• Taylor Desjardins

The Importance of Social Good for New Ventures


Social good, also known as “Corporate Social Responsibility”, is when corporations are keen to help with major issues in the world by investing some of their revenue towards programs that are geared to provide a positive societal impact. Whether it is giving people access to clean water, food, education or healthcare, it is incredible to see companies leading the charge to make those types of changes. Even if you are in the start-up stage of your business, it is never too early to talk about how you want to showcase your company’s initiatives.



Social Good Impacts Brand Identity

All businesses should consider the impact they can have on society and find ways to build communities and promote positive change. Your business’ employees and your consumers will perceive you as socially conscious and will begin to become more loyal to your brand as a result. These acts of kindness will maintain your brand’s image and stimulate a sense of purpose and passion for your employees. When an employee feels invested in your mission as a company, they become more productive at work and put more effort in all their daily tasks.


Why Brand Identity Matters

Once you enter the market, your brand is identified in the eyes of your consumers and employees based on more than just its products/services. It is about defining an identity with intentionality and focus. People put a lot of trust towards businesses and expect them to “do what is right” and demonstrate they are worthy of their loyalty. Being aware of the current social ecosystem and actively investing in solutions to issues, such as the longevity and betterment of society, will build social capital and help your business become a thought leader around societal problems. Your brand identity stems from your company’s core vision and values – resonating with consumers who are holding you accountable.


Brands That Do Good

There are many brands coming to adopt social good in their business models in recent years, making Corporate Social Responsibility (CSR) an integral part of a company. With CSR having been quickly adopted and expected by consumers, several (now well-known) brands entered their respective markets with a clear goal to accomplish social good from the start.

An incredible example of a business doing so, is Johnson & Johnson. They have a strong focus on the environment as they have been trying to reduce their impact on the planet for three decades. Utilizing windmill technology to reduce pollution and taking strides to increase access to clean water on a global scale, are only a few of the wonderful things they have done as a company. Johnson & Johnson hopes to be able to obtain 35% of their energy needs from renewable sources by 2020 and 100% by 2050.


Many businesses that might not have social responsibility built into their business model, like Johnson & Johnson, still incorporate it into their annual budgets and ensure milestones are achieved. The LEGO Group is one of the most recognized for its emphasis on social responsibility. The company is actively involved with WWF (World Wildlife Fund) and has committed to moving towards 100 percent renewable energy capacity by 2030. The LEGO Group has also chosen to open up a new division in their company called “LEGO’s Sustainable Materials Center”. This division is dedicated to finding environmentally friendly options for their materials and for the packaging used for their products. All of this has allowed them to rank highly by the Global RepTrak 100 score, which distinguishes companies based on their priority of corporate responsibility and strong leadership through ethical practices.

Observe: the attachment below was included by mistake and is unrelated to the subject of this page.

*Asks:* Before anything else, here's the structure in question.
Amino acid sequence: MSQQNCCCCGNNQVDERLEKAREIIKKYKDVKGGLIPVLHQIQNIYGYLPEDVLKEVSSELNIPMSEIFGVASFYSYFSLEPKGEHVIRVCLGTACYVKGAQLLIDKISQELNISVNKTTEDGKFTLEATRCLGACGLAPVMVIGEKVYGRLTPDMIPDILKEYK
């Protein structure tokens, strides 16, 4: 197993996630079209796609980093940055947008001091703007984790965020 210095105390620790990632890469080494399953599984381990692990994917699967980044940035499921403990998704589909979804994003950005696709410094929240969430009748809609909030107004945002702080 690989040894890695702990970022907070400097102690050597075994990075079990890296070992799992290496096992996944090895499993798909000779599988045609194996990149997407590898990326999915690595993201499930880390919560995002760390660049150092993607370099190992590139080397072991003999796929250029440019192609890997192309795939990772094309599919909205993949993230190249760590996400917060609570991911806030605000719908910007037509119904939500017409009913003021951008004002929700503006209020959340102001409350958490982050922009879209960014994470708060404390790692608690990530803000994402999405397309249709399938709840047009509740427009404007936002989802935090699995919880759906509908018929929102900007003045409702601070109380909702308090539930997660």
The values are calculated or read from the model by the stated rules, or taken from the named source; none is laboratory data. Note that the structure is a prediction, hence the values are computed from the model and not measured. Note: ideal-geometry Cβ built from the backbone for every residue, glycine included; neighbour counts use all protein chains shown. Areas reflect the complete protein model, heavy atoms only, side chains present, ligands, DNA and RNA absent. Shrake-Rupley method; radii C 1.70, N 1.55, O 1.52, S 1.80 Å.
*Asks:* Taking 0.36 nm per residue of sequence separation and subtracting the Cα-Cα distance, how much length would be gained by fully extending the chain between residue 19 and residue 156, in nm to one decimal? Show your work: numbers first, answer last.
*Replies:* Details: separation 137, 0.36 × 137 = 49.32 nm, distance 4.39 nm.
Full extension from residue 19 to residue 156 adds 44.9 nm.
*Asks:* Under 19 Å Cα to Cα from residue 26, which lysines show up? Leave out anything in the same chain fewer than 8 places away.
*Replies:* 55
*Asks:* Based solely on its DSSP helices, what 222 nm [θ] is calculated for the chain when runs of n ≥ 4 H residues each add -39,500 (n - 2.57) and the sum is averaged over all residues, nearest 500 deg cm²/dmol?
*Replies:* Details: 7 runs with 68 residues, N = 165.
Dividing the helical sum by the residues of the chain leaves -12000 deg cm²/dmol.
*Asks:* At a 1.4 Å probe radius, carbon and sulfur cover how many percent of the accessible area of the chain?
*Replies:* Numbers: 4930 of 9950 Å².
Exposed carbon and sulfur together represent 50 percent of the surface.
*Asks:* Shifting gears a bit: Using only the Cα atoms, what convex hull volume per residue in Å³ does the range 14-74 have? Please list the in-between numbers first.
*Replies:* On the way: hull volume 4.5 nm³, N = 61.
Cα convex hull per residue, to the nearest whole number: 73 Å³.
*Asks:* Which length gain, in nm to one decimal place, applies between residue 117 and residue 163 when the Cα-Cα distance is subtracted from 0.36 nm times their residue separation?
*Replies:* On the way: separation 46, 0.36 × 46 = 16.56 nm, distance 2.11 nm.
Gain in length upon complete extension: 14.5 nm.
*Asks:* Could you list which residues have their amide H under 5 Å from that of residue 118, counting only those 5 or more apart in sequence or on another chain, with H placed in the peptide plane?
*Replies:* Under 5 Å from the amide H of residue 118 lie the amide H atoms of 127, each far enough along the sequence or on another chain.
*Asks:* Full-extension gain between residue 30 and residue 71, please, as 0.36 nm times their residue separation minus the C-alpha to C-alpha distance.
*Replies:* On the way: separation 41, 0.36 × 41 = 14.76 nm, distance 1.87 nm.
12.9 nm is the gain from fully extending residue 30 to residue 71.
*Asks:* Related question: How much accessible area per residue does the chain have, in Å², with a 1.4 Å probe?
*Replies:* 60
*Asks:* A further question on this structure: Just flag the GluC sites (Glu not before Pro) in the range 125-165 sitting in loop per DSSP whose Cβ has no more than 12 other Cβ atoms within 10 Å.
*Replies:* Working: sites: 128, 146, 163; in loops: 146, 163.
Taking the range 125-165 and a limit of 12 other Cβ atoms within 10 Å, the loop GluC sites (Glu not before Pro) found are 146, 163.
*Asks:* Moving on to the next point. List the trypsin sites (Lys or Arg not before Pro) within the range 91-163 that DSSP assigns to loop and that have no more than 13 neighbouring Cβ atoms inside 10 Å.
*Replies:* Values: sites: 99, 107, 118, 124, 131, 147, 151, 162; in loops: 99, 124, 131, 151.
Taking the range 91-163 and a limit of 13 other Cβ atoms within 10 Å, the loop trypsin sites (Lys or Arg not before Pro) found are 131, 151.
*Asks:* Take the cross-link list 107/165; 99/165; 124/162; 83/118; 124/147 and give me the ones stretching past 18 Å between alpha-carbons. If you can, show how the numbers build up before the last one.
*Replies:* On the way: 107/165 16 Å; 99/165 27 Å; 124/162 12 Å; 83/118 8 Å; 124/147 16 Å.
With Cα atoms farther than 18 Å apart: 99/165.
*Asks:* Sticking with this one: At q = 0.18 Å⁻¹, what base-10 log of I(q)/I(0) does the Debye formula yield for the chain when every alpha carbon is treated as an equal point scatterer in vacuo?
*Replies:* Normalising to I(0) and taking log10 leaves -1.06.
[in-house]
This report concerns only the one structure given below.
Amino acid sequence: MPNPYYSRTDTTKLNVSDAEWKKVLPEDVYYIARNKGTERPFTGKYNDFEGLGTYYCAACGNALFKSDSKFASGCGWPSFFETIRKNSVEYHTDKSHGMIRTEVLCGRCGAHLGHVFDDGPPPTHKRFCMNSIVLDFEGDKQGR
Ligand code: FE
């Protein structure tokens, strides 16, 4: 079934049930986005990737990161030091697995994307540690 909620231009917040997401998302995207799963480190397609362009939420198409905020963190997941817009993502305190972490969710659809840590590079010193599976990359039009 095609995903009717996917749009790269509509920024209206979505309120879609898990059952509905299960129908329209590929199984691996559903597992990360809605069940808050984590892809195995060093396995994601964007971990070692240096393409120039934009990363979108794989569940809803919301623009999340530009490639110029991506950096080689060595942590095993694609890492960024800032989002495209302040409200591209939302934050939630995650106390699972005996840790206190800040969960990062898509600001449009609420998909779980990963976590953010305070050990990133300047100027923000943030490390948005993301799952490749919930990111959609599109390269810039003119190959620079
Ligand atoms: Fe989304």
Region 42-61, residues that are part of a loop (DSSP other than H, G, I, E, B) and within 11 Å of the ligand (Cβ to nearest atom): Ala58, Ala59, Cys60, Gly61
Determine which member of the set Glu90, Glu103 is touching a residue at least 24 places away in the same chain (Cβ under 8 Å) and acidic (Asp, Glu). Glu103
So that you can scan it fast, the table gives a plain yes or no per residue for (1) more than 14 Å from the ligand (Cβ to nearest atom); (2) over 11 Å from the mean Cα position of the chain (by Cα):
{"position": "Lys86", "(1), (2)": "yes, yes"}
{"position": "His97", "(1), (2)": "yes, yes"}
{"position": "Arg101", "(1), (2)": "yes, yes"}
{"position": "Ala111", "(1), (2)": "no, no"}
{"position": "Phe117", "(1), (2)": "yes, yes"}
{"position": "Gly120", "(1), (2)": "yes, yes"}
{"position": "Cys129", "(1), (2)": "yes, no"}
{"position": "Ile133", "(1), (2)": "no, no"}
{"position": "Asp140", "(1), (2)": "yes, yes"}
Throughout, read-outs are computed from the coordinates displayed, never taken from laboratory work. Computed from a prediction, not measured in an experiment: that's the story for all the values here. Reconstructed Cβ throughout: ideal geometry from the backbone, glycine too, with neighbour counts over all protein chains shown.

It is important to find out what other businesses are doing and how they’re using their companies to help major world issues. This will help you be a more knowledgeable consumer and assist in identifying issues you’d like to help alleviate through CSR. Social good has the potential to become a strong asset to your business’ success, if implemented properly and is actively practiced within your company.


Types of Causes for Your Business

There are four types of Corporate Social Responsibility that can be integrated into your business, no matter its size. If you can’t contribute to large global social initiatives, focus on your local community and what you can do to improve the quality of life for citizens, wildlife, and the future of the community.


1. Economic Responsibility
2. Ethical Business Operations
3. Philanthropic Giving
4. Environmental-Focused Initiatives

Often people confuse social good initiatives with having to shell out large amounts of money, which isn’t even feasible for most business owners to consider. It is about identifying things you do internally and externally that could make a small, but considerable difference. For example, if you own a restaurant, you could make a “no waste” policy that requires all employees to not throw anything out, but to save it for the local homeless shelter or invite the less fortunate in your restaurant after hours. A little change to how your business operates can provide immense amounts of help to your community and improve your brand’s image to the people you serve. Everyone wins in this situation!


Key Takeaways

It is important to find out what your business can do outside of being profitable – also focus on people and planet. It improves both your market value and public image as you continue to do social good, it can also be used to increase awareness on social issues and reach new audiences. This encourages more people to become invested in your chosen cause. Once you find your way to give back, you’ll find you share a deep emotional connection to these initiatives with your employees and customers.


What social good initiatives has your company become involved in? Let us know!

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